Thursday, February 8, 2024

$2 billion in GOP tax cuts would bust Wisconsin's budget. Especially after recent developments

Yesterday, the Joint Finance Committee met and the GOP-dominated panel passed along a series of tax cuts, likely sending it to a vote of the full Legislature next week.
The state Assembly is set to vote next week on a $2.1 billion tax package that would significantly expand the state's second-lowest tax bracket to include more than 1 million Wisconsin residents earning between $19,000 and $150,000 per year, but Gov. Tony Evers is noncommital on supporting it.

The Legislature's Joint Finance Committee voted 11-4 along party lines on Wednesday to advance the four Republican bills, which were introduced late last month and are scheduled for an Assembly vote on Feb. 13.

The proposal would overhaul the state's tax system by also exempting up to $75,000 of retirees' income and expanding tax credits for married filers and for filers with children.
That's not the entire context of the tax cuts, as that "$19,000 to $150,000" is taxable income, in a state that already exempts as much as $23,600 for married couples, and because Wisconsin already exempts Social Security and some federal pension income for its retirees. But there are still a few million Wisconsinites that would likely get some kind of tax relief out of these GOP tax cuts, especially those in the middle classes and above.

So let's first look at the total price tag of these tax cuts, which wouldn't hit the state's bottom line until after the next Fiscal Year starts on July 1. And you'll see some tax cuts are a lot bigger than others.

I'll add that the reason the tax bracket cut is larger in Fiscal Year 2025 is because the GOP bill also wants to have the Wisconsin Department of Revenue to update the withholding tables on July 1, increasing the take-home pay on every paycheck instead of having it tax cuts off in higher refunds (you'll likely see those higher refunds in the next 2 months).

Let's also take a step back and look at what the state's budget situation is before being affected by any of these tax cuts. There already was going to be a huge imbalance between revenues and expenses for this Fiscal Year, as the surplus is being spent down on a number of one-time spending items, including over $1 billion to pay for capital projects in cash instead of borrowing, and an additional $555 million being sent into the Transportation Fund.

Then the LFB told us 2 weeks ago that revenue growth was going to be a bit less than what was assumed in the state budget. And in the same meeting where the Joint Finance Committee passed the tax cuts, they also agreed to spend another $423 million in cash-funded projects for the UW System, as part of the deal where the UW limited their DEI initiatives at Robbin' Vos' demands.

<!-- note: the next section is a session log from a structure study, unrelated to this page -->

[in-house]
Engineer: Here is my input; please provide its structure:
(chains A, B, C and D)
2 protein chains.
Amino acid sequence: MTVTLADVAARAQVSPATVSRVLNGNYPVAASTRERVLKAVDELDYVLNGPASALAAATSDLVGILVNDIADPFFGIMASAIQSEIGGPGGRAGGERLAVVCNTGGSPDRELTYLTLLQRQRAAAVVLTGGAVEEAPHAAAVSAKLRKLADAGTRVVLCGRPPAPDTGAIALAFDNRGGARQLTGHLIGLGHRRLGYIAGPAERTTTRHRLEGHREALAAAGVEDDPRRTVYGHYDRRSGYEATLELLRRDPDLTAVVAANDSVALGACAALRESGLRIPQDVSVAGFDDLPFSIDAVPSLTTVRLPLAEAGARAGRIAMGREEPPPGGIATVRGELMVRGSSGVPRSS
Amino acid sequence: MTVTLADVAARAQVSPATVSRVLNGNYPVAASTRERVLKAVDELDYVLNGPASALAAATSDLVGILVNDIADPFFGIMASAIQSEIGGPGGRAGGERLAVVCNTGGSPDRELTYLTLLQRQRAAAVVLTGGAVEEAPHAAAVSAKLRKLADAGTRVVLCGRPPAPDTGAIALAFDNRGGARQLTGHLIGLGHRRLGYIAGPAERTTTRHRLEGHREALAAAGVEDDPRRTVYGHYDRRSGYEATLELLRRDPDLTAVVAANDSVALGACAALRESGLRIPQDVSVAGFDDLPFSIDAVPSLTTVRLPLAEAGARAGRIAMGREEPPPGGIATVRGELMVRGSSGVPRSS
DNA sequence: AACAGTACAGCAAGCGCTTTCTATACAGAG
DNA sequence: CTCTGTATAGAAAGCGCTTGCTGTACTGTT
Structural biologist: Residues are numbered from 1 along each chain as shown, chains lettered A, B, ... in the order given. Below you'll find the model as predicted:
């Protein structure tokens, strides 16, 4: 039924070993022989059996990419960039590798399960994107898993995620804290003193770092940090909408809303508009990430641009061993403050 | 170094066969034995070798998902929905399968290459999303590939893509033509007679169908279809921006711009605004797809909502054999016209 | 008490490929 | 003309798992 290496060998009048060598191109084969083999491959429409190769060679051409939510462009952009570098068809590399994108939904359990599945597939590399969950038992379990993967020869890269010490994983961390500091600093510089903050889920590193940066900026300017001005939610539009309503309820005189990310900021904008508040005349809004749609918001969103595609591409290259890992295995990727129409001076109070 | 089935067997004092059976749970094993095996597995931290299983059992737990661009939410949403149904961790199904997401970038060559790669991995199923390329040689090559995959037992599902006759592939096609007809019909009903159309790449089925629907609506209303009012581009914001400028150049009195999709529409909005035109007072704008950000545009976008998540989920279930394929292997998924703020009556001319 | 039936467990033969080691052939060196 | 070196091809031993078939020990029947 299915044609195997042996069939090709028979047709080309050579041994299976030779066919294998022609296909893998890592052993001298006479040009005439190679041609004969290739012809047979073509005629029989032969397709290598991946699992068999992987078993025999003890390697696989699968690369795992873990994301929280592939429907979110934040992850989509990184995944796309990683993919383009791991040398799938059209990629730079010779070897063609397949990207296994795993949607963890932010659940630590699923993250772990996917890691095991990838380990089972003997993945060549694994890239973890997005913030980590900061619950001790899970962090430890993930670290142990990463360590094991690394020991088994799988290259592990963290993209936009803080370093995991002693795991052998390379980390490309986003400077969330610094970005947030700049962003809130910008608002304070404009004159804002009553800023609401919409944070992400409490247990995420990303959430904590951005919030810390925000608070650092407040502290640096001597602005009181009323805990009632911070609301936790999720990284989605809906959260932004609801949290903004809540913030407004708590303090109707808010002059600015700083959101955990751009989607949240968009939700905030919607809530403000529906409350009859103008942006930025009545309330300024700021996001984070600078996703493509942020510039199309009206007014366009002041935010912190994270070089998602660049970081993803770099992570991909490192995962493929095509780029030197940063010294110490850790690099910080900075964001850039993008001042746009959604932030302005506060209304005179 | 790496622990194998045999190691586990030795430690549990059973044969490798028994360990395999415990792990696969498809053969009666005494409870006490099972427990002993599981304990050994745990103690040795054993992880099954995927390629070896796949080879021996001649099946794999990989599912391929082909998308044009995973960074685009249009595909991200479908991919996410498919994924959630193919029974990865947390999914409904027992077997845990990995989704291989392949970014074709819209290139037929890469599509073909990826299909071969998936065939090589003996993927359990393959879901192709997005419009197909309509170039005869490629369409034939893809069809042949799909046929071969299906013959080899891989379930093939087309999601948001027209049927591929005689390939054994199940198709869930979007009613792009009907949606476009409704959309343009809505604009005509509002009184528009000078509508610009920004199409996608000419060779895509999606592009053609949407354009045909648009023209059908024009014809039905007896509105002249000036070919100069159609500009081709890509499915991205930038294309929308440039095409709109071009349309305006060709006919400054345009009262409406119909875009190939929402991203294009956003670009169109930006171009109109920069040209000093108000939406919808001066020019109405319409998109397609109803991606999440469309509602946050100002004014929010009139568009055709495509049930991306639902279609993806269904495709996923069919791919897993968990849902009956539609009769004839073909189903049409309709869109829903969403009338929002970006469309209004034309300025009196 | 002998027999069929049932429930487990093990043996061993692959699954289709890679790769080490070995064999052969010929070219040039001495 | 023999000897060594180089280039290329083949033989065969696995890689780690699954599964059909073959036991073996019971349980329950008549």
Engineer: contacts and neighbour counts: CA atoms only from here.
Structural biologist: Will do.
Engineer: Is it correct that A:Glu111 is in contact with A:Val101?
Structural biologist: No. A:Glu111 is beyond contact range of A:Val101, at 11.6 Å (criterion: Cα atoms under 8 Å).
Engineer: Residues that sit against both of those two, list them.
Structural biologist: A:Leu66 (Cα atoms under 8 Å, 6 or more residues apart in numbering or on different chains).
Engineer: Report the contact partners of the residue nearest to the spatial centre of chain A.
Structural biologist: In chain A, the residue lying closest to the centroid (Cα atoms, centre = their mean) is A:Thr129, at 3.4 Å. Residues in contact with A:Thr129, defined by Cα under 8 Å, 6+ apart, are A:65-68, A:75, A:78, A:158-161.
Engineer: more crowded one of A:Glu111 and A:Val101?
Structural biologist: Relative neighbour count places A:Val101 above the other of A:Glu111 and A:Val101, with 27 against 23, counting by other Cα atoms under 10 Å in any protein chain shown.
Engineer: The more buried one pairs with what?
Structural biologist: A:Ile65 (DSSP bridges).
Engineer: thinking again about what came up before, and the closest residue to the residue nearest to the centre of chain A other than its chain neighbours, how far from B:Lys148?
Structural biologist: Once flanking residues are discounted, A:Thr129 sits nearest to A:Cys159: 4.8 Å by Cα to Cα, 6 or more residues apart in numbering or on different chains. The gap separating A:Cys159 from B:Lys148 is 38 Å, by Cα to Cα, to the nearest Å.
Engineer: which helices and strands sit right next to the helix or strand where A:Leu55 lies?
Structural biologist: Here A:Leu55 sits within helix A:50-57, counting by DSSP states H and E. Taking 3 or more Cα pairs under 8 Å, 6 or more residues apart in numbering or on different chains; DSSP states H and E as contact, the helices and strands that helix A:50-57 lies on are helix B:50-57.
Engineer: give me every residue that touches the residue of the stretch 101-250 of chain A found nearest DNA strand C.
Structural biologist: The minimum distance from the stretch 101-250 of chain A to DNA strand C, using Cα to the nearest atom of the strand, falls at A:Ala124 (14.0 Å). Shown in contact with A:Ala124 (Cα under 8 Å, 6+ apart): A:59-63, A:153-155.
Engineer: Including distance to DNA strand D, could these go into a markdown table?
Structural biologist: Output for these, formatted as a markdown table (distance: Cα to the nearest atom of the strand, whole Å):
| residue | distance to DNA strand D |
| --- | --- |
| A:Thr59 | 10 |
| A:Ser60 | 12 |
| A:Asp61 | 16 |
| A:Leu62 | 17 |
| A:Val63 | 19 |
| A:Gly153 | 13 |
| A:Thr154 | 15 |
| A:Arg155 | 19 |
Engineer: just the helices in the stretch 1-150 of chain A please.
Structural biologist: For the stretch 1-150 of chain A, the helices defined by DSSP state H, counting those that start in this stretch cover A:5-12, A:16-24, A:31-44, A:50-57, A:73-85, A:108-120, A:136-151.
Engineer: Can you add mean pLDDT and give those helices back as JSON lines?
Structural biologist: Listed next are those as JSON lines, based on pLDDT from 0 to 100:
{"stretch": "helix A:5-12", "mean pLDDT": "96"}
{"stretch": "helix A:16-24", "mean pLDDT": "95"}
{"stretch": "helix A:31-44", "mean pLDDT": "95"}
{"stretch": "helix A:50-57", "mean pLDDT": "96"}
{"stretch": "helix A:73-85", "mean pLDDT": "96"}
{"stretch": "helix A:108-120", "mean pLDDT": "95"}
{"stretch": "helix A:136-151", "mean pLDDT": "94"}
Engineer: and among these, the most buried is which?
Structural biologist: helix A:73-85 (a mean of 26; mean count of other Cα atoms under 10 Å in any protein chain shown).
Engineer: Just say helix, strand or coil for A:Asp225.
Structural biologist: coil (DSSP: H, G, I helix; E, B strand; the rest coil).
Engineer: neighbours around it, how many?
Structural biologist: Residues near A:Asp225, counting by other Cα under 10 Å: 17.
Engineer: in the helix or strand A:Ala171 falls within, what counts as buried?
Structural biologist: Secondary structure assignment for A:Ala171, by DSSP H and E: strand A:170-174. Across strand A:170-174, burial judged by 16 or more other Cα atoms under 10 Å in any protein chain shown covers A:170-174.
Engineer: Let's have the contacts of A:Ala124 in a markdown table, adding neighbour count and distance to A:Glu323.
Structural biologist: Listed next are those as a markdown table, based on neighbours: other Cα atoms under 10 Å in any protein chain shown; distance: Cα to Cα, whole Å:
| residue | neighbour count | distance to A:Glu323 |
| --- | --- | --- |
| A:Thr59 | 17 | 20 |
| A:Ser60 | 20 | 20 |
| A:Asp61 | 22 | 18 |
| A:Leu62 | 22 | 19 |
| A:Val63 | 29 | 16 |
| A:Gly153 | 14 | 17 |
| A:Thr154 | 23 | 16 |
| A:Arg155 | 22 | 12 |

That means that due to changes on both the revenue and expenditure sides, the $7 billion that we carried over on June 30, 2023 will diminish over the following 2 years.

And that means there is less surplus to play with on tax cuts. Which led to a concern from Joint Finance Dems about what these GOP tax cuts would do to future budgets.
Rep. Tip McGuire, D-Kenosha, said he's worried the package could lead the state into a risky financial position.

"I’m worried that we would be running Illinois-style deficits. I’m worried that this would be fiscally irresponsible and that the people that would support this would be fiscally irresponsible budgeters, or FIBs," McGuire said.
And when you look at the numbers, you can see why Rep. McGuire would say that. It's one thing to spend $3 billion more than you take in for one year, as Wisconsin is slated to do on a one-time basis in Fiscal 2024, as long as you go back near balance in the next year. It's a whole 'nother thing to run $2 billion+ deficits year after year, which is what is slated to happen if all of these GOP tax cuts were to be put in place.

And that imbalance means that we would have to figure out a way to make up more than $3 billion in the next budget, instead of having a cushion of more than $2.5 billion.

But I'll note that the Republicans put these tax cuts in the form of 4 separate bills, which may give a way out. Because the price tag of the higher married couple credit and expanded child care credit is much less than the lower tax brackets or retirement income tax cut (those two total just under $234 millon a year), Governor Evers could sign those two tax credits, and veto the others. Then Tony can say "let's see where we stand at the next budget" to see if there is a better chance of the cushion growing in the meantime.

Both Dems and Republicans would get something out of it, and both sides can make their arguments for or against more tax cuts (and the budget handcuffs they would impose) this Fall during Election season under fair maps. Who says no?

No comments:

Post a Comment